Home News BlastDoor: New Security Feature in Apple iOS 14 to Counter Zero-click Exploits

BlastDoor: New Security Feature in Apple iOS 14 to Counter Zero-click Exploits

Google’s security researcher Samuel Grob uncovered a new security feature, BlastDoor, which was quietly added to Apple’s iOS 14 after zero-day exploits.

Apple iMessage

Samuel Grob, a security researcher at Google Project Zero, uncovered a new security feature that Apple added in its iOS 14 version without any revelation. Dubbed “BlastDoor,” the improved sandbox system feature was introduced due to the zero-click exploits that leveraged the Apple iMessage flaw in iOS 13.5.1. Reportedly, iPhones of 36 Al Jazeera journalists were infected with malware, leaving their devices open to cyber espionage.

The introduction of BlastDoor is a major change in iOS 14. BlastDoor is a tightly sandboxed service responsible for parsing untrusted data in iMessage.

“One of the major changes in iOS 14 is the introduction of a new, tightly sandboxed BlastDoor service which is now responsible for almost all parsing of untrusted data in iMessages. Furthermore, this service is written in Swift, a (mostly) memory-safe language which makes it significantly harder to introduce classic memory corruption vulnerabilities into the code base,” Grob said 

How BlastDoor Works

Grob stated that BlastDoor possesses a variety of new security protections. The strong sandbox of the BlastDoor service prevents the exploitation of a privilege escalation vulnerability after compromising the BlastDoor process. Whenever a message arrives in iMessage, it will pass via several security protocols that scan for malicious codes or links in the incoming message before allowing Apple’s push notification service to display the message.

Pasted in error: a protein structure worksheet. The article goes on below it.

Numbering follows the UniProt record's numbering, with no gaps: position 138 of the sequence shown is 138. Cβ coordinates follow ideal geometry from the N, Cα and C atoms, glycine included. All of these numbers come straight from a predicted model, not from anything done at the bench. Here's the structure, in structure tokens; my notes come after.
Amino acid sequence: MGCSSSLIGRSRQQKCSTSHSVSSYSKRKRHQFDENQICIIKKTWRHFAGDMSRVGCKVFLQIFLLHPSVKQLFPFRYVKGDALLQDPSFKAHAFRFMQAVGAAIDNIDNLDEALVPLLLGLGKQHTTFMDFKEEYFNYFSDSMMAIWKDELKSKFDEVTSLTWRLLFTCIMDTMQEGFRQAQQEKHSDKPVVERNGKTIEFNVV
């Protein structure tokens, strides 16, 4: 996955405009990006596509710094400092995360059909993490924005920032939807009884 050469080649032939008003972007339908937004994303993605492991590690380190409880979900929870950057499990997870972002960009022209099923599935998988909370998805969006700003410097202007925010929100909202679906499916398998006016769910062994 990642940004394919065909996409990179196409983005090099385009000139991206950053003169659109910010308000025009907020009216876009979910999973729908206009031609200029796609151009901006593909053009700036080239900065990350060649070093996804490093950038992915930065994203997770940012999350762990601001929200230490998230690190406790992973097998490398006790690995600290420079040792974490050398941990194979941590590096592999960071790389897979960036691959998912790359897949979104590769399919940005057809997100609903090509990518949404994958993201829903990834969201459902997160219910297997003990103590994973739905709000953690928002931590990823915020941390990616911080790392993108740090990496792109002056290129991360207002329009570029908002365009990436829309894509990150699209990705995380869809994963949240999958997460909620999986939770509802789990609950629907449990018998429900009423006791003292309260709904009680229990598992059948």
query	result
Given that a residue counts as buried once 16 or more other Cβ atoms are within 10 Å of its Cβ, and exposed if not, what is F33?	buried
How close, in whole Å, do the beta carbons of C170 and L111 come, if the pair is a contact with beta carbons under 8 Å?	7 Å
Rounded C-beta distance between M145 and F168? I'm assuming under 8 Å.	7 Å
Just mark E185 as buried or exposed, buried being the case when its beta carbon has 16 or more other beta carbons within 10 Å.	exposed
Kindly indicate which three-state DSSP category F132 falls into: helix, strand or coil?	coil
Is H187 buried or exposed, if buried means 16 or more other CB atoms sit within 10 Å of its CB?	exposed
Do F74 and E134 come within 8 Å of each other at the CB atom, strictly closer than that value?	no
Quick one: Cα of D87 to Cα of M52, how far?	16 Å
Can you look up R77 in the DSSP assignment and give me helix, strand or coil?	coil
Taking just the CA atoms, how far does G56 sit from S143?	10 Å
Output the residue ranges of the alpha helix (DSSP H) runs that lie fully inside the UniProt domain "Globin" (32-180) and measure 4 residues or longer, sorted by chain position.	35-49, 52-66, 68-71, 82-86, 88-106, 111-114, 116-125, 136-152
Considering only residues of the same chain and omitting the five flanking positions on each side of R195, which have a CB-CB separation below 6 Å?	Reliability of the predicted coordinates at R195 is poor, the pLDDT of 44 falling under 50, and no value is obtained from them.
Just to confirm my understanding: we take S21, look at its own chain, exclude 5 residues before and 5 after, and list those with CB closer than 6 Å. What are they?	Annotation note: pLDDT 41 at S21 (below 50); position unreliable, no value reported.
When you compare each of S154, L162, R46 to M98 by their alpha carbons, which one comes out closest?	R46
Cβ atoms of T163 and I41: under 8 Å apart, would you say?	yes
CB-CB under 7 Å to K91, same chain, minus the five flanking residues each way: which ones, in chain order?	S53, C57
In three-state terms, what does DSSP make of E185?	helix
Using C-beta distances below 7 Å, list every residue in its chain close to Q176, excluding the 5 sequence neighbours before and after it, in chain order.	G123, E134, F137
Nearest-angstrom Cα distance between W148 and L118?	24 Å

Image Courtesy: Google Project Zero

“The sandbox profile is quite tight. Only a handful of local IPC services can be reached, almost all file system interaction is blocked, any interaction with IOKit drivers is forbidden, outbound network access is denied. With this change, an exploit that relied on repeatedly crashing the attacked service would now likely require in the order of multiple hours to roughly half a day to complete instead of a few minutes. Overall, these changes are probably very close to the best that could’ve been done given the need for backwards compatibility, and they should have a significant impact on the security of iMessage and the platform as a whole,” Grob added. 

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